29. [This passage is significantly different in the American edition. For the passage in the
American edition that corresponds to the passage that Hamacher cites here, see p. 377. Also
see the previous translators note.]
30. This is still valid under the conditions that have been created through article 6 of the
Universal Declaration of Human Rights. If there it says Everyone [Jeder Mensch (Every
human)] has the right to recognition [Anspruch auf Anerkennung (claim to recognition)]
everywhere as a person before the law, it not only remains questionable who is here
addressed as a human, it also remains open which meaning is here connected to
the concept of claim. If what ought to be understood here is a claim to rights, then the
sentence says: Every human is a legal person, and it only repeats the questionable
determination of article 1 that [states that] all human beings are born equal and free in
dignity and rights. In this sense, article 3 of the American Convention on Human Rights
from November 1969 also declares in a distinctively tautological manner: Every person has
a right to recognition as a person before the law. But if claim does not mean right-claims,
but the claim to a right (Anspruch auf ein Recht) that is lent only through the recognition of
the claim, then the path is opened for the dismissal or the revocation of this recognition and

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consequently for the legal refusal of the status of legal person. This interpretation is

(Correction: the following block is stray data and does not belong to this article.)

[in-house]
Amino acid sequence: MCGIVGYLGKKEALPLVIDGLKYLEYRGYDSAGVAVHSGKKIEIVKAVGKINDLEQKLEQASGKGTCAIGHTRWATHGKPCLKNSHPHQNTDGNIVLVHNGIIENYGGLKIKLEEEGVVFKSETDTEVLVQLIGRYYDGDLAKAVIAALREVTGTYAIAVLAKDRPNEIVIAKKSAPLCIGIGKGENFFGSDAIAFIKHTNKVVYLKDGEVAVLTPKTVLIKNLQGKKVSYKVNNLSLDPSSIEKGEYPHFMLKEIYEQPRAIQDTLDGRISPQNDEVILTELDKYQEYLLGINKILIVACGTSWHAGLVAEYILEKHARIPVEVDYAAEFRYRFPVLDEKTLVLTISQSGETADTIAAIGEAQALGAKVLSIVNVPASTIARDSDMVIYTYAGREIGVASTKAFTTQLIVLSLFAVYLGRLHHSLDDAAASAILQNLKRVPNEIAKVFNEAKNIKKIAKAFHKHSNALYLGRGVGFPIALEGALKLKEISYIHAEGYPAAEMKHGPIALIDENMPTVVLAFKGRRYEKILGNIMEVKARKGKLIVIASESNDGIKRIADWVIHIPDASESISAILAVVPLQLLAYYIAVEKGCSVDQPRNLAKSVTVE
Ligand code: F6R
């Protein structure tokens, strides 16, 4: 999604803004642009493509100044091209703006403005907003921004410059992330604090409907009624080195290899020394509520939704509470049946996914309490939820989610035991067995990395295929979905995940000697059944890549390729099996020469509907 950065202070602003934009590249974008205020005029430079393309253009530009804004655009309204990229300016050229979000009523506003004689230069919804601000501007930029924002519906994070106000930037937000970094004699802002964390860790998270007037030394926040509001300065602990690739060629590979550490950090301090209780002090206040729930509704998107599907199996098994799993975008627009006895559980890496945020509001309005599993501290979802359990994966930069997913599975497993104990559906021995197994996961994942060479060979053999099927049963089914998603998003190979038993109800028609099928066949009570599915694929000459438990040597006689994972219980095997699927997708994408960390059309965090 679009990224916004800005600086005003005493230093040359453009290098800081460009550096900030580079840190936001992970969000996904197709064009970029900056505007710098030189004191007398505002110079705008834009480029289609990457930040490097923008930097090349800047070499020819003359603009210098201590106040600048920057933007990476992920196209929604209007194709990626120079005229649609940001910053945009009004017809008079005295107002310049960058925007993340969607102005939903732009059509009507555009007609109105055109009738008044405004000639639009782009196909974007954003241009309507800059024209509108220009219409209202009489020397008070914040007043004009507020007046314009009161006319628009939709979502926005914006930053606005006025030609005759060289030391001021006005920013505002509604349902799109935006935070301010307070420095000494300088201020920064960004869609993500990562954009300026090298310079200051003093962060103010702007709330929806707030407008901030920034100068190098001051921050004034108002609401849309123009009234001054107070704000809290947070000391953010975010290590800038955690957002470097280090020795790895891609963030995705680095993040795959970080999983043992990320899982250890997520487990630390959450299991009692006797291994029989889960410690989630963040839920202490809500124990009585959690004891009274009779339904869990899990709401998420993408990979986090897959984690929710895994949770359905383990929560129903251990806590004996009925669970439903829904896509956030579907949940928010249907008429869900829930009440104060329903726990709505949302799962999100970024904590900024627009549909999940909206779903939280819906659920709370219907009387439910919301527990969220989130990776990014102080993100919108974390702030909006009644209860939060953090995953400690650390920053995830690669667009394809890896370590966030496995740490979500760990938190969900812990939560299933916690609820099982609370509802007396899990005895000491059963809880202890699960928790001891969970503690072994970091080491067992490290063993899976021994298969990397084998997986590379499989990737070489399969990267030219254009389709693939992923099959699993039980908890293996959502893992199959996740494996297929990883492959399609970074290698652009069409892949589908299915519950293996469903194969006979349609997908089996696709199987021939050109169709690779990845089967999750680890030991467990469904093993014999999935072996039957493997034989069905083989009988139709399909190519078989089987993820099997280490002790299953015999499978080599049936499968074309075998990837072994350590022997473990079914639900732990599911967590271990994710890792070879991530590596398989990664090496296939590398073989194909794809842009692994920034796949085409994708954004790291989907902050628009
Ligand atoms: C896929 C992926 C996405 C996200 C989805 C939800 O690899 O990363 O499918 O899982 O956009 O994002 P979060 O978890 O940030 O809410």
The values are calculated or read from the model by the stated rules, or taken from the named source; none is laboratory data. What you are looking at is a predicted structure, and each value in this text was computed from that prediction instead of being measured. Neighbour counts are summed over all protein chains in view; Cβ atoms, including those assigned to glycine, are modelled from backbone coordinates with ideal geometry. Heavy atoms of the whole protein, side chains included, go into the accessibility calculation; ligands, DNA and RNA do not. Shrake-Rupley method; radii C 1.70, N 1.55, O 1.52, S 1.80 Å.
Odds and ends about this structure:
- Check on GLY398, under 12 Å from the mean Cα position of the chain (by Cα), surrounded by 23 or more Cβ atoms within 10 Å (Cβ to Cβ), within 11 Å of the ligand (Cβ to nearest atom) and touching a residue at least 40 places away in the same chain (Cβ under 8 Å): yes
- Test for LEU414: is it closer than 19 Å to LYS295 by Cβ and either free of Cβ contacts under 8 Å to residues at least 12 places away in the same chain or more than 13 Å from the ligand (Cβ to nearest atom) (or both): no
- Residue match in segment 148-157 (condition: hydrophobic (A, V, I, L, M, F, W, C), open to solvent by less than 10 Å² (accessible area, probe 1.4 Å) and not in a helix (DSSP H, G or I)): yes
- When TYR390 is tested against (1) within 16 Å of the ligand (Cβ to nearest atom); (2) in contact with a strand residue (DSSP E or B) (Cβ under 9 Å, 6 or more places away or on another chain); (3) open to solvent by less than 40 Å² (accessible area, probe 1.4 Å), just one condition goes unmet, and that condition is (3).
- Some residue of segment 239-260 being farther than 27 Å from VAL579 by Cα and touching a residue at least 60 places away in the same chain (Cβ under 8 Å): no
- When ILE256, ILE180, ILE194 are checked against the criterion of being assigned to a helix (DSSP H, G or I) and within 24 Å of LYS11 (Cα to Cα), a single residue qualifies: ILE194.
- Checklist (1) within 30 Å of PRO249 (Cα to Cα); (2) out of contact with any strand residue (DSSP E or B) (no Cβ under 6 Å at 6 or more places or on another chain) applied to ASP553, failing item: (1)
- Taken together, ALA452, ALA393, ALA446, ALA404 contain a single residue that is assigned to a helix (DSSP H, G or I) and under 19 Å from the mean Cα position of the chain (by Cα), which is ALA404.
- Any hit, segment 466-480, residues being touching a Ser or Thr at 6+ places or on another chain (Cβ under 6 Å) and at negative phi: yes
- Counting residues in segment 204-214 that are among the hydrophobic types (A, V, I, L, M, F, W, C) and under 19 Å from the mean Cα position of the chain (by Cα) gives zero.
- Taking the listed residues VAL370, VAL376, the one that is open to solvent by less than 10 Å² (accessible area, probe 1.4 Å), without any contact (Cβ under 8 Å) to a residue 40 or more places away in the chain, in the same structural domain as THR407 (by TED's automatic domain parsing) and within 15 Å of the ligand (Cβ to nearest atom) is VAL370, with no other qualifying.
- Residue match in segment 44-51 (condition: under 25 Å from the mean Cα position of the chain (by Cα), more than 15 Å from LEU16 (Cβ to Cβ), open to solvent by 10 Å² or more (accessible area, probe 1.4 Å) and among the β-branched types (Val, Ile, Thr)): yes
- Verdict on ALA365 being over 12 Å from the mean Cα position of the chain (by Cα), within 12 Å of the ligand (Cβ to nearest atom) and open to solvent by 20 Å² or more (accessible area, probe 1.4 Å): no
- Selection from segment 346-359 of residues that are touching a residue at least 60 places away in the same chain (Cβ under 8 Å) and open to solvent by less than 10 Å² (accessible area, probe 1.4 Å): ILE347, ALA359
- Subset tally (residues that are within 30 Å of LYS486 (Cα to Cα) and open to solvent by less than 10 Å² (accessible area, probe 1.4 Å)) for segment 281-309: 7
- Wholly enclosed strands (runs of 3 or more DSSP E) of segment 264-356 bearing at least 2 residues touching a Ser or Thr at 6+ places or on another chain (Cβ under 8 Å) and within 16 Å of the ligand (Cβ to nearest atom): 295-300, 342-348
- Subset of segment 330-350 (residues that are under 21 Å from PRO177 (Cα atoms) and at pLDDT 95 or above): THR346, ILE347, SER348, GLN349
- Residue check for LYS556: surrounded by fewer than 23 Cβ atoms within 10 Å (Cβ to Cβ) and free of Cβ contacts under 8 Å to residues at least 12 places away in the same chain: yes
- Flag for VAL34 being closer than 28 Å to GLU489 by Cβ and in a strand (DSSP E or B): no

supported by the emphasis that article 6 places on the everywhere, where a corresponding every time is missing. With this, it can be interpreted that the claim to the right to
recognition as a legal person does not stand every time but rather can be refused or
revoked. The right to asylum formulated in article 14, which was put in place for such cases
of legal refusal, implicitly counts on the persecution by the signatory states of legal persons
disposed as rightless, when it guarantees that Everyone has the right to seek and to enjoy
in other countries asylum from persecution. Moreover, in so doing, the sentence lets the
issue rest in securing the right to seek asylumnote: the right to the searchand the right
to enjoy asylum in other countries, instead of extending the right to all other countries so
that all countries are imposed with the obligation to grant this right and not to expel asylum
seekers to other countries. But even if this obligation were then to be made into an
integral part of a new human rights order, as a legal order, it could still not prevent this
obligation from being fulfilled in a way that deters the exercise of this right or that makes it
impossible. In short, human rights remainin their earliest and in every still possible
formulationrights to the refusal of human rights. [For the German version of the Universal Declaration of Human Rights that Hamacher cites here, see Bruno and Fastenrath 1979.]
31. In many respects, Giorgio Agambens Homo Sacer studies follow Arendts insights, undertaking the attempt to identify paradigmatic figures (Gestalten) of a form of life that